NightAnimalsNight Animals, written and illustrated by Gianna Marino, published by Viking, an imprint of Penguin Group (USA). While hiding from scary night-time sounds, possum and skunk encounter other frightened “night animals.” Rendered in gouache and ink, Marino’s illustrations capture a humorous nighttime escapade. On an ink-black background, the night animals’ realistic fur and cartoon eyes combine with speech bubble narration to provide an unexpectedly hilarious adventure.

The Butler Children’s Literature Center commits itself to imagination and wonder, encouraging and supporting adults in libraries, classrooms, childcare centers, and homes to engage young people with good books.

For information on the real Caldecott Medal, please visit www.ala.org/alsc. For information about the Butler Children’s Literature Center, please visit the Butler’s Pantry blog at butlerspantry.org.

Holiday Suggestions

There’s no more fun time of the year than the END of the year, when “best of” lists come out; everyone’s mock award results are announced, and we need to buy presents for all the young readers in our lives (and/or hunker down in the cold with some great reads for ourselves)!

This list isn’t a “best of,” nor is it the result of any structured decisionmaking process (stay tuned for our Mock Caldecott results next week). What this list IS, is a brief list of Butler Center staff favorites from 2015 that would make great gift choices, or for personal reading, on a variety of topics.

Happy holidays, and happy reading!

PICTURE BOOKS (suggested by Diane Foote, Butler Center Curator)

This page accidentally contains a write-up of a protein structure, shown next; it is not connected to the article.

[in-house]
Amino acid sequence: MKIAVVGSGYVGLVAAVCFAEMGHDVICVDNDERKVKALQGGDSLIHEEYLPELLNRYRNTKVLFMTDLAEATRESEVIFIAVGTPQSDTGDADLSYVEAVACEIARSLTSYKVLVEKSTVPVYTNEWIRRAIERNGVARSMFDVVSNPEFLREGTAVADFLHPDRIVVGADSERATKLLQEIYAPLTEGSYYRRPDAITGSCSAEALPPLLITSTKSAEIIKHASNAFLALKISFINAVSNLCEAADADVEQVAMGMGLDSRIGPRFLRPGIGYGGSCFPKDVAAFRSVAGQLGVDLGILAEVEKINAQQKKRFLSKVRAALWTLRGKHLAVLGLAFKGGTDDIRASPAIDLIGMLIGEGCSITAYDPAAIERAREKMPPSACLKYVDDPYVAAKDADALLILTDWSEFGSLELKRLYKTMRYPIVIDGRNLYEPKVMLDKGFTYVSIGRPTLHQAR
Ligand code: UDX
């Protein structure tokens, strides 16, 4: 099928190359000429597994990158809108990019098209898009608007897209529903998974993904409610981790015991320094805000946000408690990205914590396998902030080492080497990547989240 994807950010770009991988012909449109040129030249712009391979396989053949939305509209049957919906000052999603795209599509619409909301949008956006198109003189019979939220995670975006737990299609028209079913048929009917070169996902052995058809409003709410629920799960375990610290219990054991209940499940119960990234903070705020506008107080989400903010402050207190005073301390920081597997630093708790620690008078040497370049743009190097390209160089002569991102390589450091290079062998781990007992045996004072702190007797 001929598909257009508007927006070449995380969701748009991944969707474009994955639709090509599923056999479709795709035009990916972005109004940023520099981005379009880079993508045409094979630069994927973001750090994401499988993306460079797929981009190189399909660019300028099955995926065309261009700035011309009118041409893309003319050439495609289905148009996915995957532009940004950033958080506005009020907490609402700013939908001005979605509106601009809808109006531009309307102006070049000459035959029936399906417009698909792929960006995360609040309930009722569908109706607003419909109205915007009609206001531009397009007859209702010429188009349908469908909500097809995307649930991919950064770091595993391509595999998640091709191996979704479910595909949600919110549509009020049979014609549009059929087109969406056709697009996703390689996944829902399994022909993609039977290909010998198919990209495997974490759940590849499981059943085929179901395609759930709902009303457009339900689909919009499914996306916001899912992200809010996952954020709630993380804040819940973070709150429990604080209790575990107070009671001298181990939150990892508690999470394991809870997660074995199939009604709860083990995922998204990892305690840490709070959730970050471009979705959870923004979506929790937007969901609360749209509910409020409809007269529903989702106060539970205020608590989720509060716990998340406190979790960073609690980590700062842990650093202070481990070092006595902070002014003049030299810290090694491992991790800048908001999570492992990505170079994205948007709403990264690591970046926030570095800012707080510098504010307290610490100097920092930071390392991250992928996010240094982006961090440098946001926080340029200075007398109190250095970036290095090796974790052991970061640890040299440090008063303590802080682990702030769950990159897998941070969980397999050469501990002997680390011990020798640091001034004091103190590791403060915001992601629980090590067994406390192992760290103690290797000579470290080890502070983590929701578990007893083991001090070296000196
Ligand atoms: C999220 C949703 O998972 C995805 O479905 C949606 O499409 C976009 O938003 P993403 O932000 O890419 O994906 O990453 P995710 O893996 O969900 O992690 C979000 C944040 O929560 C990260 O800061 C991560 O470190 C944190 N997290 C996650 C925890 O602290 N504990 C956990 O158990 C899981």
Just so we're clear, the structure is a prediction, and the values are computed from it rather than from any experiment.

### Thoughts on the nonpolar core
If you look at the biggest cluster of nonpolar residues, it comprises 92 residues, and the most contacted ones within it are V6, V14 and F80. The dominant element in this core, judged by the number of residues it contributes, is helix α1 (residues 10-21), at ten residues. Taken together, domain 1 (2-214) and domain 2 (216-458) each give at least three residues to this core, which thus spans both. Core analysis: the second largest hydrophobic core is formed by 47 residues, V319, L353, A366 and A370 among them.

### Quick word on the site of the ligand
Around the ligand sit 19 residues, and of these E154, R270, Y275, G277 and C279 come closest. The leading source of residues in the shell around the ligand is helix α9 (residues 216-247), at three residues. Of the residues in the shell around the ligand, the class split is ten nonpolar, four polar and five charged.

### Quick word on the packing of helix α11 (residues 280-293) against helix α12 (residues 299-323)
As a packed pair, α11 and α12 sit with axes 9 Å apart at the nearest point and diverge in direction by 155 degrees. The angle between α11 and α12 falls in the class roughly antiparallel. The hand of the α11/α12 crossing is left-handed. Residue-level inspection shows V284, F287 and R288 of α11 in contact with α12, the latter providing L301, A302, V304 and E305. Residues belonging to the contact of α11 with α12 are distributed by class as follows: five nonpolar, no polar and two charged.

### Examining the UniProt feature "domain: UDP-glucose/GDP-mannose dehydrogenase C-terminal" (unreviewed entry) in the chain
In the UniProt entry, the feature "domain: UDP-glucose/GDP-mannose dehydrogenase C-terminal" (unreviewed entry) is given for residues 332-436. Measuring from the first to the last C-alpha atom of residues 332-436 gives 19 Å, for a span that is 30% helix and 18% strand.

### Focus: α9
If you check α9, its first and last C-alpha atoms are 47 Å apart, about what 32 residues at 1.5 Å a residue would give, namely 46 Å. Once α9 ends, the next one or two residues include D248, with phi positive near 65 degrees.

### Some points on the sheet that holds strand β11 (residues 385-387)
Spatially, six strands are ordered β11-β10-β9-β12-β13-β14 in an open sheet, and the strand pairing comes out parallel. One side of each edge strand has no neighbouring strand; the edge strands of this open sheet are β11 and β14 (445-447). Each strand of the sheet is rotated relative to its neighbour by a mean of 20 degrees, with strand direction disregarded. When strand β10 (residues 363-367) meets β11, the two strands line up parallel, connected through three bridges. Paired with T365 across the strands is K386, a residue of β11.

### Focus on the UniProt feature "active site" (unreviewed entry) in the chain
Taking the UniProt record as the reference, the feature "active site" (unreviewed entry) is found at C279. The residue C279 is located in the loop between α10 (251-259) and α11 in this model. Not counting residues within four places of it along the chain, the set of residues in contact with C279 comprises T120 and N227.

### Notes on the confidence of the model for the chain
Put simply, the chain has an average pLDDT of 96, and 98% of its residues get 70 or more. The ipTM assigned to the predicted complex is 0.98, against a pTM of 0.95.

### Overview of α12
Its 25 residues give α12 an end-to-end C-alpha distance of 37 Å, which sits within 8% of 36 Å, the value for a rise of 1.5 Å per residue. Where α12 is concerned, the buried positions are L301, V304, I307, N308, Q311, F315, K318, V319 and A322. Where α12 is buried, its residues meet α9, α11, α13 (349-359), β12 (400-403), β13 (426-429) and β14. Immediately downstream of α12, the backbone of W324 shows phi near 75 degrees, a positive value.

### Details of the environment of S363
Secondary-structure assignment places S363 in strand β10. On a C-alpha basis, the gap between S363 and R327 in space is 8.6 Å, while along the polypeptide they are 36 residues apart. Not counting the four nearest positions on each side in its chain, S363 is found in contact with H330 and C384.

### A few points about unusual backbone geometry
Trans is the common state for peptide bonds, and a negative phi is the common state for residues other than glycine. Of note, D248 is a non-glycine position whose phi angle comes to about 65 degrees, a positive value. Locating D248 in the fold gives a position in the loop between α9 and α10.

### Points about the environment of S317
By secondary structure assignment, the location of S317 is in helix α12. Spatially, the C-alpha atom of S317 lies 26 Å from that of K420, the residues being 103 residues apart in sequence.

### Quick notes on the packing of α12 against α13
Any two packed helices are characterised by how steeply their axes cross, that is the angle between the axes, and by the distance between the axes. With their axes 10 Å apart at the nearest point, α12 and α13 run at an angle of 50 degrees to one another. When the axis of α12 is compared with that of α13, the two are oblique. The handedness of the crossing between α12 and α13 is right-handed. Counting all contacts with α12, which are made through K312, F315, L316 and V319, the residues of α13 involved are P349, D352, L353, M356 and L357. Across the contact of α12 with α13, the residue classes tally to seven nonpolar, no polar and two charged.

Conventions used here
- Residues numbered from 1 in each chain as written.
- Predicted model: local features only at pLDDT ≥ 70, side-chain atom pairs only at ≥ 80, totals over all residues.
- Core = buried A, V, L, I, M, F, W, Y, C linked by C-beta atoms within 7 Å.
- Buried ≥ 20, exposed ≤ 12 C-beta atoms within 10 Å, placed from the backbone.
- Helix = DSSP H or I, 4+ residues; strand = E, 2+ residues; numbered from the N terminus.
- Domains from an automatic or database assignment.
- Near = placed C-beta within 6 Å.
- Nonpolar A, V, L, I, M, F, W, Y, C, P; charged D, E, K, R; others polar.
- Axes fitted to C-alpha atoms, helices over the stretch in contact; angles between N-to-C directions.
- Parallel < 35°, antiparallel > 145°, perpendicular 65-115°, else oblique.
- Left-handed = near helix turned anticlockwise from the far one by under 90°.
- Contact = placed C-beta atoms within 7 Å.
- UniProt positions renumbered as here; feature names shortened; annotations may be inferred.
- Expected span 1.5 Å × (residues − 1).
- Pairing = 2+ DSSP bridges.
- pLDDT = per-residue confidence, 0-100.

Bird & Diz by Gary Golio, illus. by Ed Young (Candlewick)
This book’s remarkable design and construction sets it apart from all other books on the topic of jazz music…it unfolds (literally) as the melody and harmony unfold, or it can be read more traditionally by turning the folded pages. Read and listen along with some of Charlie Parker’s and Dizzy Gillespie’s compositions for the most complete and fulfilling experience.

Last Stop on Market Street by Matt de la Pena, illus. by Christian Robinson (Putnam)
This brightly colorful picture books hits numerous high notes: it’s an intergenerational story; it portrays a nicely diverse neighborhood of folks; and conveys a gentle yet powerful message about grace and appreciation, as CJ and his Nana travel across town on the bus to work at a soup kitchen.

Night Animals by Gianna Marino (Viking)
The nervous-looking possum on the cover gives a hint  of the hilarity inside; one by one the forest animals, portrayed in shiny gray and white against a black nighttime background, get terrified in turn by whatever “night animal” is following them. The joke is on everyone when kids camping in a tent and the bevy of creatures all scatter, each yelling RUN!

Wolfie the Bunny by Ame Dyckman, illus. by Zachariah Ohora (Little, Brown)
A wolf in bunny’s clothing stars in this cheerful story about overcoming perceptions. Baby Wolfie is left on the Bunny family’s doorstep, and when they take him in big sister Dot has to get used to her scary-at-first little brother. In the tradition of great new sibling stories (Julius, I’m looking at you), Wolfie and Dot find common cause against an outside threat and the rest is history.

CHILDREN’S FICTION (suggested by Alena Rivers, MLIS student and Butler Center graduate assistant)

Dolls of Hope by Shirley Parenteau (Candlewick)
Dolls of Hope is a follow up story to Ship of Dolls. Both novels were inspired by the Friendship Doll exchange of 1926 between the U.S. and Japan as an act to prevent future wars. Dolls of Hope tells the story of an 11-year-old Japanese girl, Chiyo Tamura, who has been asked to help create one of the dolls for Japan and keep it safe until it is sent to America. ‘Tis the season for an inspiring story of peace and friendship!

Gone Crazy in Alabama by Rita Williams-Garcia (HarperCollins/Amistad)